Examples of silent animals in divination abound. The Dogon live in villages set along the plateaus and against the high cliffs of central Mali. At dusk, diviners prepare complex grids of symbols in the sands at the edge of the village; corn kernels are scattered over the diviner’s diagram. At dawn the next morning, diviners return to read the patterns of the fox’s paw prints for the oracle’s answers to their questions. Note the liminality in space and time—a common feature of many African divination systems. Divination occurs neither during day nor at night, and neither in the village nor in the bush.

Intriguingly, this system overlays the fox’s nonverbal answers onto the human’s nonverbal questions. In Dogon mythology, the “Pale Fox” was deprived of speech due to his transgressions. Thus, akin to the Lobi thila, an otherwise mute but knowledgeable entity is only given voice through divination in order to aid humans. As if to underscore this point, the other popular divination agent for the Dogon is the ant. A number of African societies utilize insects in divination; the Azande of the Sudan use ants as well.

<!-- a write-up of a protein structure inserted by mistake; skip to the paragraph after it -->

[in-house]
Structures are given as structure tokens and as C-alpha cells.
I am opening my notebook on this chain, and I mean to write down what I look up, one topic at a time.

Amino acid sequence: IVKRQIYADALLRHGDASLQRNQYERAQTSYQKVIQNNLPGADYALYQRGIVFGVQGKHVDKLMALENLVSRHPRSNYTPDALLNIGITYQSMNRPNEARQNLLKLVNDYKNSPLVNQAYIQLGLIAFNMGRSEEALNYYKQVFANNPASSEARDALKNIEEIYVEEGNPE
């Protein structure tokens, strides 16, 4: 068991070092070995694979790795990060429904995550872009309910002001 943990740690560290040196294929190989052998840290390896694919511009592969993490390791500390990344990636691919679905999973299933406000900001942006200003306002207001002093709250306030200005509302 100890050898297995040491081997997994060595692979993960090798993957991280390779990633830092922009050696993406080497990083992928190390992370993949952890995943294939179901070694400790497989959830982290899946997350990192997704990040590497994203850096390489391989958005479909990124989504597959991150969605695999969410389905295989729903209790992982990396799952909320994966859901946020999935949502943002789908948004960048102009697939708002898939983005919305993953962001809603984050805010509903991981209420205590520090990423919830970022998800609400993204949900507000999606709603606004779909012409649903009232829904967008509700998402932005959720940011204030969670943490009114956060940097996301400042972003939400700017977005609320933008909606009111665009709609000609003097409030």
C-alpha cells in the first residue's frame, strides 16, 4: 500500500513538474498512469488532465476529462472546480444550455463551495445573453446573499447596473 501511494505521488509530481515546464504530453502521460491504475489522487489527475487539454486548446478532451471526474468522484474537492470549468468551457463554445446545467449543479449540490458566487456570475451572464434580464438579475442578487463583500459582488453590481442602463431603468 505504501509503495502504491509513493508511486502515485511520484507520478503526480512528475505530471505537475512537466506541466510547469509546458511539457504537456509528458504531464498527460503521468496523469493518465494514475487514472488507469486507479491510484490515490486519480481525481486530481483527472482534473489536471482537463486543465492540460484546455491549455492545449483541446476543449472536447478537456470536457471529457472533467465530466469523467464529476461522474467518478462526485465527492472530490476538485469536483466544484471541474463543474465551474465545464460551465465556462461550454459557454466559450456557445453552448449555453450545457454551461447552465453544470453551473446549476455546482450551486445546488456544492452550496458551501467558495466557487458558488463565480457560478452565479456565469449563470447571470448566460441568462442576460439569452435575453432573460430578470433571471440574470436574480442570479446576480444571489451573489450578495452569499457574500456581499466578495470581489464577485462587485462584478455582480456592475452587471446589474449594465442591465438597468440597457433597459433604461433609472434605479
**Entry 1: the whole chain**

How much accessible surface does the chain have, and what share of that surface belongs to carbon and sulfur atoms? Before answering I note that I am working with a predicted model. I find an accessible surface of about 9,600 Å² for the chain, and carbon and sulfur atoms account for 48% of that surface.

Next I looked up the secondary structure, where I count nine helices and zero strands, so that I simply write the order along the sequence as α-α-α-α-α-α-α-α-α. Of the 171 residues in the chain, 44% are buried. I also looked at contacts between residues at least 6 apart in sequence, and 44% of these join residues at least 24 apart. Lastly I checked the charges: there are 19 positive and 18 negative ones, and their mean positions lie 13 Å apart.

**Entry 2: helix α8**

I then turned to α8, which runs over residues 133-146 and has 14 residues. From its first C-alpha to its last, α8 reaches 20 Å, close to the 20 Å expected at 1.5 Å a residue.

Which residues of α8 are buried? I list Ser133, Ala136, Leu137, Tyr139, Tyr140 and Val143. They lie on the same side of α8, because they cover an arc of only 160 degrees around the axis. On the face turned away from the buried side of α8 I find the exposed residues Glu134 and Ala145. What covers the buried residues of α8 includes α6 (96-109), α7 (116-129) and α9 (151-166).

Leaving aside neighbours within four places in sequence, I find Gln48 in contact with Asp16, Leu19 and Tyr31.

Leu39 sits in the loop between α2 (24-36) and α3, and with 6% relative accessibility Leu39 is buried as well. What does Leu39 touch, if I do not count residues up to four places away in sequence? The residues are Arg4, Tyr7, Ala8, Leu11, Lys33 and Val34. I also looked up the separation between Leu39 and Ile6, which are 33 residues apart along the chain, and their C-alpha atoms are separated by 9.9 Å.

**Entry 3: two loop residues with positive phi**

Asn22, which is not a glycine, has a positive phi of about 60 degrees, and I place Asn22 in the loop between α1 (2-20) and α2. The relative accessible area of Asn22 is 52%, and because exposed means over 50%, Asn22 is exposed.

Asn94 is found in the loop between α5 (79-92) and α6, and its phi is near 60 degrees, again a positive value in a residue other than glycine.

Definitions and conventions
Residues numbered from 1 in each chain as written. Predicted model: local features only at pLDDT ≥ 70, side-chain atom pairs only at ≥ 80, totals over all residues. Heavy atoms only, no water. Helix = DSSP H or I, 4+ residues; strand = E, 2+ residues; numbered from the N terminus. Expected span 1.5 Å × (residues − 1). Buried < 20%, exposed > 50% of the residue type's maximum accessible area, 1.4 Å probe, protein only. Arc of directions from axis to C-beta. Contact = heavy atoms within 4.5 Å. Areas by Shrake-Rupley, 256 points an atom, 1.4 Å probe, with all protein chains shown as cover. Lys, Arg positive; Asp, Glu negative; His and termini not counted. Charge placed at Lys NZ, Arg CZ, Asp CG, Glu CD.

Carved wooden container

Baule mouse oracle container, Côte d’Ivoire (1998). Photo by Philip M. Peek

I return to the Baule and Guro of Côte d’Ivoire for my next example, a mouse oracle vessel. Among its external decorations are a porcupine tail and red duiker horns—from creatures who are both silent and nocturnal (another frequent characteristic of creatures linked to divination). It is believed that mice “never lie” and that they hear the “sounds of the earth.”14